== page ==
Sunday, April 30, 2017

Running Without a Net

We don’t get a lot of opportunities for extreme exposure here in western Massachusetts. Not the way you do up in the White Mountains or out west in the Rockies or Sierras. The magazine covers and clickbait photos featuring runners up on scary-looking escarpments or gliding along the edges of too-technical precipices aren’t exactly our standard geography wheelhouse. BUT, we do occasionally have our moments.

An example: the local trail running community as a whole LOVES Mt. Tom, and the Metacomet-Monadnock (M-M) Trail (also a part of the New England Trail) along the summit ridge in particular. For nearly two miles the trail hugs the western edge of the mountain’s crest, sometimes edging right out to the top of the cliffs. Parts of it allow you to run fast and parts require you to use your hands to scramble up or down steep outcrops. Whether you consider it “fun” or not probably depends a lot on your personal comfort level with heights. But no one would deny it’s dramatic as all get-out.

Clifftop run on Mt. Tom

Another obvious example would be the handful of ledges along the Seven Sisters ridge across the river. Most of the route there is quite safe, albeit highly rugged and technical and challenging, but in a few spots the trail flirts with vertigo-inducing drop-offs and steep pitches. A bit further east in the Holyoke Range there’s another ledge near the top of Long Mountain that has a slightly similar feel.

Running right along the edge on Mt. Holyoke

Sometimes the dangerous sections don’t have sweeping views. In an area of Wendell State Forest known as Hidden Valley, an unnamed trail traces along the top of a steep cliff in a fully wooded setting. It’s not like running up the Angel’s Landing Trail in Zion national Park or anything, but the actual feeling is nearly as exhilarating. 

Other sites that come to mind where you can briefly court real danger or feel a surge of adrenaline on your run include: a short stretch in the open below the summit of Peaked Mountain in Monson; a thin fin of ridgecrest along the M-M Trail on East Mountain in Holyoke; Sachem Head in Greenfield; Spruce Hill along the Hoosac Ridge Trail in Savoy; “The Ramp” along the NET in Northfield (map); above Farley Ledge in Erving; and the AT on Jug End in Egremont.

at the summit of Spruce Hill in Savoy (Mt. Greylock across the valley)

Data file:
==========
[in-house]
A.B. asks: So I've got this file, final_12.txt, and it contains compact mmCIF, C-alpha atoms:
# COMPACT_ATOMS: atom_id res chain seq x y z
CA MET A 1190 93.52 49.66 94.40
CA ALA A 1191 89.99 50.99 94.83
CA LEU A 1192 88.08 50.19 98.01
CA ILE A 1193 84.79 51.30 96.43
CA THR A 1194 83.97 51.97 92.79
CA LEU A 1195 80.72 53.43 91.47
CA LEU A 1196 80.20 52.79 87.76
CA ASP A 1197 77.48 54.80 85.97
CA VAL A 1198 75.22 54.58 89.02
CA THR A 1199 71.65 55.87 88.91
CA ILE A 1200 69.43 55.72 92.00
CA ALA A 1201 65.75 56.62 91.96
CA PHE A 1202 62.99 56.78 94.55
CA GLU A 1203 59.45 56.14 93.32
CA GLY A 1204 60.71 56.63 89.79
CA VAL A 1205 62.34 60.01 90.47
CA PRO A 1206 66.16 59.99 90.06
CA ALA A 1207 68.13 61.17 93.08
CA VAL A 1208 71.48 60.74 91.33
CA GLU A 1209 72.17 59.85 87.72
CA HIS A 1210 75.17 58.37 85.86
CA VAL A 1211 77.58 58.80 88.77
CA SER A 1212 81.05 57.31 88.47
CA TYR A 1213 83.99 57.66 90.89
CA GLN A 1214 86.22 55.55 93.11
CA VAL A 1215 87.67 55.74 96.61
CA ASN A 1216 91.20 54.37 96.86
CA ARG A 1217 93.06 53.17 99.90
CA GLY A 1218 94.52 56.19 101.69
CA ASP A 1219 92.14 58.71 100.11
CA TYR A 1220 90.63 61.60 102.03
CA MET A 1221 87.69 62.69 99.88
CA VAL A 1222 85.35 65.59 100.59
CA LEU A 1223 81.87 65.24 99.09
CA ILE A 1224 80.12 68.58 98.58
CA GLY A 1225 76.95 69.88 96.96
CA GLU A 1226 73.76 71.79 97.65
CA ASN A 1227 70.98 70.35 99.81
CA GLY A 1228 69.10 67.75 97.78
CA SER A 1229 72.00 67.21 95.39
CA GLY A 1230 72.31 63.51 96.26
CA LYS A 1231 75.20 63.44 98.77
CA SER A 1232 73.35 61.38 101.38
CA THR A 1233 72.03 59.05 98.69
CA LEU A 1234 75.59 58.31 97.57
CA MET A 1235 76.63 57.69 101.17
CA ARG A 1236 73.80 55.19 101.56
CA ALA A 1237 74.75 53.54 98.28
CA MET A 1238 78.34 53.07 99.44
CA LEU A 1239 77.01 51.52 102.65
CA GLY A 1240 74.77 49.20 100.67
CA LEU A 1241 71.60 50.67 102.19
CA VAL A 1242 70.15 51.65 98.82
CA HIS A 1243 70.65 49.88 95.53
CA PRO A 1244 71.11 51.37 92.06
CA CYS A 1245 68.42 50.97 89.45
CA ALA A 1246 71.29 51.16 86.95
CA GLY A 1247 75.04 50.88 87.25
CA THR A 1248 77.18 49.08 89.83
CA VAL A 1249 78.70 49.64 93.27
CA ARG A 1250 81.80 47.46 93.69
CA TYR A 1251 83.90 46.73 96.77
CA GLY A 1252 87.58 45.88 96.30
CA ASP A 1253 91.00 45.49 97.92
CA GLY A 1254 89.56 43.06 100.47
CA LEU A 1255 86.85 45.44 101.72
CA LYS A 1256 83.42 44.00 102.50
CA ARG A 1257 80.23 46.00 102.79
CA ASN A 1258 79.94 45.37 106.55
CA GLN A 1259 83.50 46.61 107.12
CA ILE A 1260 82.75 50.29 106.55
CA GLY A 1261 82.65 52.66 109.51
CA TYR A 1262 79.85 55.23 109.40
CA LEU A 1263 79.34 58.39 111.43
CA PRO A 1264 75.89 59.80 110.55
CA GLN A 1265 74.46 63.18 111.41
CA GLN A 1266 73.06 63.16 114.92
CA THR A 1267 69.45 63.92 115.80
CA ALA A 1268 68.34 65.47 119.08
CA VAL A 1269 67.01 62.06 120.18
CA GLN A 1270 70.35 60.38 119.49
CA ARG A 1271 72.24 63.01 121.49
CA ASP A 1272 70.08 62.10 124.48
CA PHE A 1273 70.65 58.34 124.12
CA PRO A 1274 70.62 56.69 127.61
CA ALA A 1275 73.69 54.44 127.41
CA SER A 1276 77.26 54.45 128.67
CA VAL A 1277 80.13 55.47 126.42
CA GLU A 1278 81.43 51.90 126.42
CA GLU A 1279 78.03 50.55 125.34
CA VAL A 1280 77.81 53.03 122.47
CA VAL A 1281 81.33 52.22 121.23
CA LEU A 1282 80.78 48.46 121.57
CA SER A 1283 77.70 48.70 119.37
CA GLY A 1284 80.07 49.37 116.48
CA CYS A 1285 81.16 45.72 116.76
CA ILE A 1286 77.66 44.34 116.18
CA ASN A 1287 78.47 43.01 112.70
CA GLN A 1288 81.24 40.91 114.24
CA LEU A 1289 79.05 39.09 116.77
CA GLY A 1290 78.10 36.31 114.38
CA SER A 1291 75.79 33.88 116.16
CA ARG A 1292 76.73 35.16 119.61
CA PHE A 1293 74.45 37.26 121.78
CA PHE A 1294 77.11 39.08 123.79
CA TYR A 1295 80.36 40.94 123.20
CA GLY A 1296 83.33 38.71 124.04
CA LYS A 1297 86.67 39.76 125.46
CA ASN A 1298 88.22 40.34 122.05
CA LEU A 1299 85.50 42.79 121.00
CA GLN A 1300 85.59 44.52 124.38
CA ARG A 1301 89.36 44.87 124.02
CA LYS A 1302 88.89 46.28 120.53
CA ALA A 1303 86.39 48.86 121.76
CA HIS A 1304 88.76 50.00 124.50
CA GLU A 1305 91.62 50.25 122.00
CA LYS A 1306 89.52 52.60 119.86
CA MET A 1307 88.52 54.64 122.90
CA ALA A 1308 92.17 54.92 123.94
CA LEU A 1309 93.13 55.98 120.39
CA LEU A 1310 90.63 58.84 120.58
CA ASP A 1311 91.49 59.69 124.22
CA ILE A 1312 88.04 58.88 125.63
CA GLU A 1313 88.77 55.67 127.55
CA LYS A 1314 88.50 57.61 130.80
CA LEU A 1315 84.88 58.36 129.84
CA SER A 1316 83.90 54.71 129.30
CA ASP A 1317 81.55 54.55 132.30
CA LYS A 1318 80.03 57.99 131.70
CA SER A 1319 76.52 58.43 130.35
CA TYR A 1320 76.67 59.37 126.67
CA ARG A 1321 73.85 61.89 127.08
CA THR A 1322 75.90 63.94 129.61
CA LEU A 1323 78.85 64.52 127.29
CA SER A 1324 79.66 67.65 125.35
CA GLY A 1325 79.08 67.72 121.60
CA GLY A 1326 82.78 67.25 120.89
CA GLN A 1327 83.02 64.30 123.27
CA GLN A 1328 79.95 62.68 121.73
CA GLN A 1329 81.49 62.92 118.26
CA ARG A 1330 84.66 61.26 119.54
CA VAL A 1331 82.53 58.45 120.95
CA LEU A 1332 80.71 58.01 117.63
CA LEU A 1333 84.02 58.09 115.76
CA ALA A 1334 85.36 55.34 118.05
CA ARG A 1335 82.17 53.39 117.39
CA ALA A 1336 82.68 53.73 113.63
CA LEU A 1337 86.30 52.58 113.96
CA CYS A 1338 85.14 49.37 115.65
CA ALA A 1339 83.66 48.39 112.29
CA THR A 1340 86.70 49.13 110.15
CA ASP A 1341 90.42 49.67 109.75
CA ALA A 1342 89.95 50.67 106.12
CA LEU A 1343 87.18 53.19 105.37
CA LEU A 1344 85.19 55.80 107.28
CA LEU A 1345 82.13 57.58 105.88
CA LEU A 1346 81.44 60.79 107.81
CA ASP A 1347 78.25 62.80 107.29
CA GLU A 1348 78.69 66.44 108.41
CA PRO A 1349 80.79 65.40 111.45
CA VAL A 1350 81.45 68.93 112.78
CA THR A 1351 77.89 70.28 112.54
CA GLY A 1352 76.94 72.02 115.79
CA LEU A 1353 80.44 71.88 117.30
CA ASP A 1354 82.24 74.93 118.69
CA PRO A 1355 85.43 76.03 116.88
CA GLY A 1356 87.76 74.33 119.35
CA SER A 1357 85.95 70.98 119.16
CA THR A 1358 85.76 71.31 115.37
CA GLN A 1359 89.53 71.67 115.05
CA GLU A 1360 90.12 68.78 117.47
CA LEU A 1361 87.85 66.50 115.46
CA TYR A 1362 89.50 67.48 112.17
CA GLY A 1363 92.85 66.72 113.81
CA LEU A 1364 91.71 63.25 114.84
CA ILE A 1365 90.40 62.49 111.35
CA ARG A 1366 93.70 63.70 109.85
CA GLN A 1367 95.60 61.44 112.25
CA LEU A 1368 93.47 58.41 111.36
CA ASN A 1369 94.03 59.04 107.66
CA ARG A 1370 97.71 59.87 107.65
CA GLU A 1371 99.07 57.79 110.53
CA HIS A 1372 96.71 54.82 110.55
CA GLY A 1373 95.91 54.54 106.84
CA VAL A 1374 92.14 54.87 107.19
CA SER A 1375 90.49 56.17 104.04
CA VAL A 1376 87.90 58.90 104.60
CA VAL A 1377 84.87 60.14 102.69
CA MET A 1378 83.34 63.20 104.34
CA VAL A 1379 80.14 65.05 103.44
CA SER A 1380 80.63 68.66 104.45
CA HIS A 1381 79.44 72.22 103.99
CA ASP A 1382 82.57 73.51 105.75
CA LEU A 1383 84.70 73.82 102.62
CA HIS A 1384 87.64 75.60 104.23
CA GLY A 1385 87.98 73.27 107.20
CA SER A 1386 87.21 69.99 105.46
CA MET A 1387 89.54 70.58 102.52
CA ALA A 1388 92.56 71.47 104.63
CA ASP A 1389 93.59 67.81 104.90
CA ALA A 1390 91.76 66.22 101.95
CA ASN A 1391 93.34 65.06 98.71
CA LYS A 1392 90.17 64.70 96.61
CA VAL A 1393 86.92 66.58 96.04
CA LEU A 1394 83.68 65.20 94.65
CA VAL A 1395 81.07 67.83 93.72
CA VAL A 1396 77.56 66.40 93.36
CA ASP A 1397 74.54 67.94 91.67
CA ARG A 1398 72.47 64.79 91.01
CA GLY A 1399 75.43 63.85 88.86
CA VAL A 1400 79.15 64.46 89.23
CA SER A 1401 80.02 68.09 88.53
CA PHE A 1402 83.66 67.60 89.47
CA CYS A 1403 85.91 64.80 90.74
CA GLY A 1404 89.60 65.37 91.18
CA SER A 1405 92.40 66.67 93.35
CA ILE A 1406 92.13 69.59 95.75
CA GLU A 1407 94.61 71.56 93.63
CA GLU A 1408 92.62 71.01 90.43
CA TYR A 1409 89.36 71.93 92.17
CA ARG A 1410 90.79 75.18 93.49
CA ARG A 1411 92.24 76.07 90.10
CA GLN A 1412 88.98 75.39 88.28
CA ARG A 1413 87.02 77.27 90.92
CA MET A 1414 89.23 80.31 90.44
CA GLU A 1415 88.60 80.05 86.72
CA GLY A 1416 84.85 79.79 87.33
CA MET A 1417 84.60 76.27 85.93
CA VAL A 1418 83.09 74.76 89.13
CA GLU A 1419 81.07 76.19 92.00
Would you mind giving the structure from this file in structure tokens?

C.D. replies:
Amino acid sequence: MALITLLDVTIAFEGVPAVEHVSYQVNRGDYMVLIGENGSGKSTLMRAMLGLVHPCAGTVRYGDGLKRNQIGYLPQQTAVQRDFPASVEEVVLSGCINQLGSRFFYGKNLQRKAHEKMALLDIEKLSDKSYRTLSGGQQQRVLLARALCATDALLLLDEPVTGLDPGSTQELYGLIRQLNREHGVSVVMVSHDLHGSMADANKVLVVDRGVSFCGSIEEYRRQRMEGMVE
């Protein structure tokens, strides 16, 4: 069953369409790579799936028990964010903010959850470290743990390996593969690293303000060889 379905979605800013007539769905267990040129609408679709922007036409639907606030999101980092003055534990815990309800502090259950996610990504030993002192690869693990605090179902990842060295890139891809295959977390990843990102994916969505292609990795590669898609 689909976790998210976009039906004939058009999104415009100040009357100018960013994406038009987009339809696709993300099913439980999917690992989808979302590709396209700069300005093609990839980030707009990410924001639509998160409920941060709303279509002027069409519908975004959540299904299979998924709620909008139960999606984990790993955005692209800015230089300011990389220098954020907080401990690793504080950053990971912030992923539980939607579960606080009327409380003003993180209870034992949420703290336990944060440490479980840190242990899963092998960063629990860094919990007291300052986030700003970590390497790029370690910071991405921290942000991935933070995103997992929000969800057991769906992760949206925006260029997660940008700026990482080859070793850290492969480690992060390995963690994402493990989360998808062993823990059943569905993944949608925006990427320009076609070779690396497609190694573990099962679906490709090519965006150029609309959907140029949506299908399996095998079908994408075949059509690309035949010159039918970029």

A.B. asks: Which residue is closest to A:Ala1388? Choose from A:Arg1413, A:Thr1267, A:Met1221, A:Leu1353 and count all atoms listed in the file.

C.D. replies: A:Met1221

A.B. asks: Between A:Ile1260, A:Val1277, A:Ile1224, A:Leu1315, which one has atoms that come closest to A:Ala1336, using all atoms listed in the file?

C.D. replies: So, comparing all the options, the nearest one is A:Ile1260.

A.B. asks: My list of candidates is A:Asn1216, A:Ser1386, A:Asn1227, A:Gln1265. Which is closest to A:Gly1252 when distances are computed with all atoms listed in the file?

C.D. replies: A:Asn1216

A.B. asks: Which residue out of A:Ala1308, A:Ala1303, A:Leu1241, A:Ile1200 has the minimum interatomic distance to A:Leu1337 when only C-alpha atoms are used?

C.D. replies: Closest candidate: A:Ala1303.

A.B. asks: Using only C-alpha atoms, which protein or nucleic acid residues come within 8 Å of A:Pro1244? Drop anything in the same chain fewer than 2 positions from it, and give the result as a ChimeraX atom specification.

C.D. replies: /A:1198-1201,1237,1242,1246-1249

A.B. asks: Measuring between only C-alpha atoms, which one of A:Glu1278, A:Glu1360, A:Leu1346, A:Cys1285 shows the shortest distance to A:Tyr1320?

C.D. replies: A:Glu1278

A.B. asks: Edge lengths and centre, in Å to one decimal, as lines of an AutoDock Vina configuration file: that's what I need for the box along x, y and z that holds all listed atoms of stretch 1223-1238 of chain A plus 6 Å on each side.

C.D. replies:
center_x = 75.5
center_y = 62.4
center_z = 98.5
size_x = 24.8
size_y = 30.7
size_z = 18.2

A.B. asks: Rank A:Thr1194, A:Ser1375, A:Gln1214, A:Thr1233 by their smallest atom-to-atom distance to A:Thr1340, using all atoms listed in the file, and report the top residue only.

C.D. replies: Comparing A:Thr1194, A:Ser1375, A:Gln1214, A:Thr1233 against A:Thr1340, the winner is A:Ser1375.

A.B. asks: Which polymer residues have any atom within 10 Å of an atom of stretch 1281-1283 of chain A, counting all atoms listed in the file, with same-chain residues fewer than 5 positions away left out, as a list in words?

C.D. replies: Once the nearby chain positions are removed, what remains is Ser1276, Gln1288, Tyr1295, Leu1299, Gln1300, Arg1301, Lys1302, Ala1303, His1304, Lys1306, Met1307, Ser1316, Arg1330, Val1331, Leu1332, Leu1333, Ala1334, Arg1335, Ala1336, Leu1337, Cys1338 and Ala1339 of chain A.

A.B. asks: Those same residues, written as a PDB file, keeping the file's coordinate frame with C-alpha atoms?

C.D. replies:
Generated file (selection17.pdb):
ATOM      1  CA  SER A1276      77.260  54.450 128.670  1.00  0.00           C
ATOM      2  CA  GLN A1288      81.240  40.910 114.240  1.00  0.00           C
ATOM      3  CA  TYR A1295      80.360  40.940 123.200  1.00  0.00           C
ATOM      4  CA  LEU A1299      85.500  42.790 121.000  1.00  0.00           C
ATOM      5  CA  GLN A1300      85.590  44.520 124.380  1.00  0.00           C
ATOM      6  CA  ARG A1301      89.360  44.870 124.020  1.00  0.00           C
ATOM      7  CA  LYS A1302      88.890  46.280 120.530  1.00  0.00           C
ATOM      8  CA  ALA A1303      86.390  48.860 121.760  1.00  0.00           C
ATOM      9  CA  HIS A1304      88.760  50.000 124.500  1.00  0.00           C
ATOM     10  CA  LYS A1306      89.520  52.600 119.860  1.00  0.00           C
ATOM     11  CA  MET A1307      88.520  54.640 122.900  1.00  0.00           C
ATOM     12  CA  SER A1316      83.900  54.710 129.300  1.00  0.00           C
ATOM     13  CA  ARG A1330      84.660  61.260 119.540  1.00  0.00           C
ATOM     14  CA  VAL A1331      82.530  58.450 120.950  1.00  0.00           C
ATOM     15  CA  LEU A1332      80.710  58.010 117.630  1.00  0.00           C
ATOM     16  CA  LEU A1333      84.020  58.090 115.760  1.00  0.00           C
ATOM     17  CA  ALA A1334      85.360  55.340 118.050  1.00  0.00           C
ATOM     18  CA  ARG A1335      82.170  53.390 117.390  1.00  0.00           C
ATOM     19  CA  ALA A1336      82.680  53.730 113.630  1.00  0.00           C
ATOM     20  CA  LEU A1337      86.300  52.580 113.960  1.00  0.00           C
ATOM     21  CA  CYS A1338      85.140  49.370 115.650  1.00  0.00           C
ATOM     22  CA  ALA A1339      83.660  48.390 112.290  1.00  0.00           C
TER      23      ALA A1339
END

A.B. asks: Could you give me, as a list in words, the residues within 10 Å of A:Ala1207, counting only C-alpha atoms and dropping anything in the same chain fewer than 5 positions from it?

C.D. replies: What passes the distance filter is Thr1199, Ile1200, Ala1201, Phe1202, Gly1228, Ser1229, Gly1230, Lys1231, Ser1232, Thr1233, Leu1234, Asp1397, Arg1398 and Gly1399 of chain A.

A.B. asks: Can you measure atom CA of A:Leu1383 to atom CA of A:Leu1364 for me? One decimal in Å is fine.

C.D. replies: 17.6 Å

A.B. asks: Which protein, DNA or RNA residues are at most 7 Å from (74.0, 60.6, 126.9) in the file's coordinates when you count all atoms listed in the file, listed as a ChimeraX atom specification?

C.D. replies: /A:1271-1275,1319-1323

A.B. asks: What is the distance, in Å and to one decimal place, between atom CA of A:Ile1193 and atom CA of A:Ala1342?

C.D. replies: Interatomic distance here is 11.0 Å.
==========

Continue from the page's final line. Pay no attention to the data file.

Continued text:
Scenic vistas and view ledges are quite common in this area, but actual moments where you get to run along the edge of a high cliff and/or truly experience a thrilling moment where one wrong step could actually make all the difference are rare. My choice? Seek them. Find them. Run ‘em. Live.

Ben is the editor of The Sugarloaf Sun newsletter and author of the guidebook Trail Running Western Massachusetts.

Monday, April 24, 2017

Using a 50K as a "Training Run"

Playing around in the ultra world can skew your sense of scale. I completed my second 50K yesterday (I'm not counting my 9-hour hike at Massanutten in 1996, which I literally did in hiking boots; my feet were pulp afterwards), and I'm calling it a training run. Five or six years ago I might have doubted my ability to even do it, and today I'm downplaying it to the point of absurdity.

The big race I'm currently training for is a 50-miler at Mt. Wachusett on June 10. The schedule I'm using called for running a 50K around this time, so I chose to do Goat Hill in central MA (I photographed at it in 2016; see photo album here).

Since the plan said to run the 50K as a training run (and because I weigh about 15 pounds more than when I did my first 50K in 2013), I chose a goal time of 7 hours, about 45 minutes slower than my first 50K finish time. Given my current conditioning, I think that was a wise goal. I finished this one in 6:58:29, right on target.

Overall, the trails at The Goat were very fun to run (a phrase I use a lot, but when it works it works). There was a wide variety of them, but mostly it was forested, switchbacky mountain bike singletrack. The course consists of four 8-mile loops.  There's a quarter-mile long straight uphill climb at mile 1 that I chose to hike up for the most part, a muddy wet area to cross at mile 2, a super helpful aid station at mile 3, a level to rolling stretch at mile 4, a hyper roller coaster section at mile 5, a long, winding climb at mile 6, a super-fun, swoopy and runnable section with great flow at mile 7, and a fast, tightly twisted section followed by a fast drop to the finish at mile 8.

Loop 1: Felt great. Slightly fast. A bit of discomfort near the end, alleviated by a quick swing by the porta... you know what, never mind.
Loop 2: Still felt good. Similar late-loop discomfort to loop 1 (sigh).
Loop 3: Starting to drag a bit. Hotter out. Sunnier. Rolled an ankle near mile 22.
Loop 4: Jen joined me for this loop. The hill really hurt on this one. 2 miles in; there's a marathon. Lots more walking, and quite a few stumbles. Lifting muscles were DONE. Managed to jog it in the last few miles.

L: Snacking after loop 1.  R: The finish (obviously). 

[6/15/17 update]: Well, I wasn't able to do the 50-miler this year after all. I had a biopsy done on a spot on my cheek and it did come back as basal cell so in mid-May I had some Moh's surgery done down in Springfield to have it cut out. The surgeon did a great job but said that to reduce the chance of the scar being permanent I had to do NO EXERCISE for THREE WEEKS. Ugh. Pretty much the crucial final three weeks of training, leading into the taper week. There was just no way I could get and keep my conditioning to where it needed to be on race day (it is a super challenging course). So I dropped for this year; hoping to be back for it in 2018.]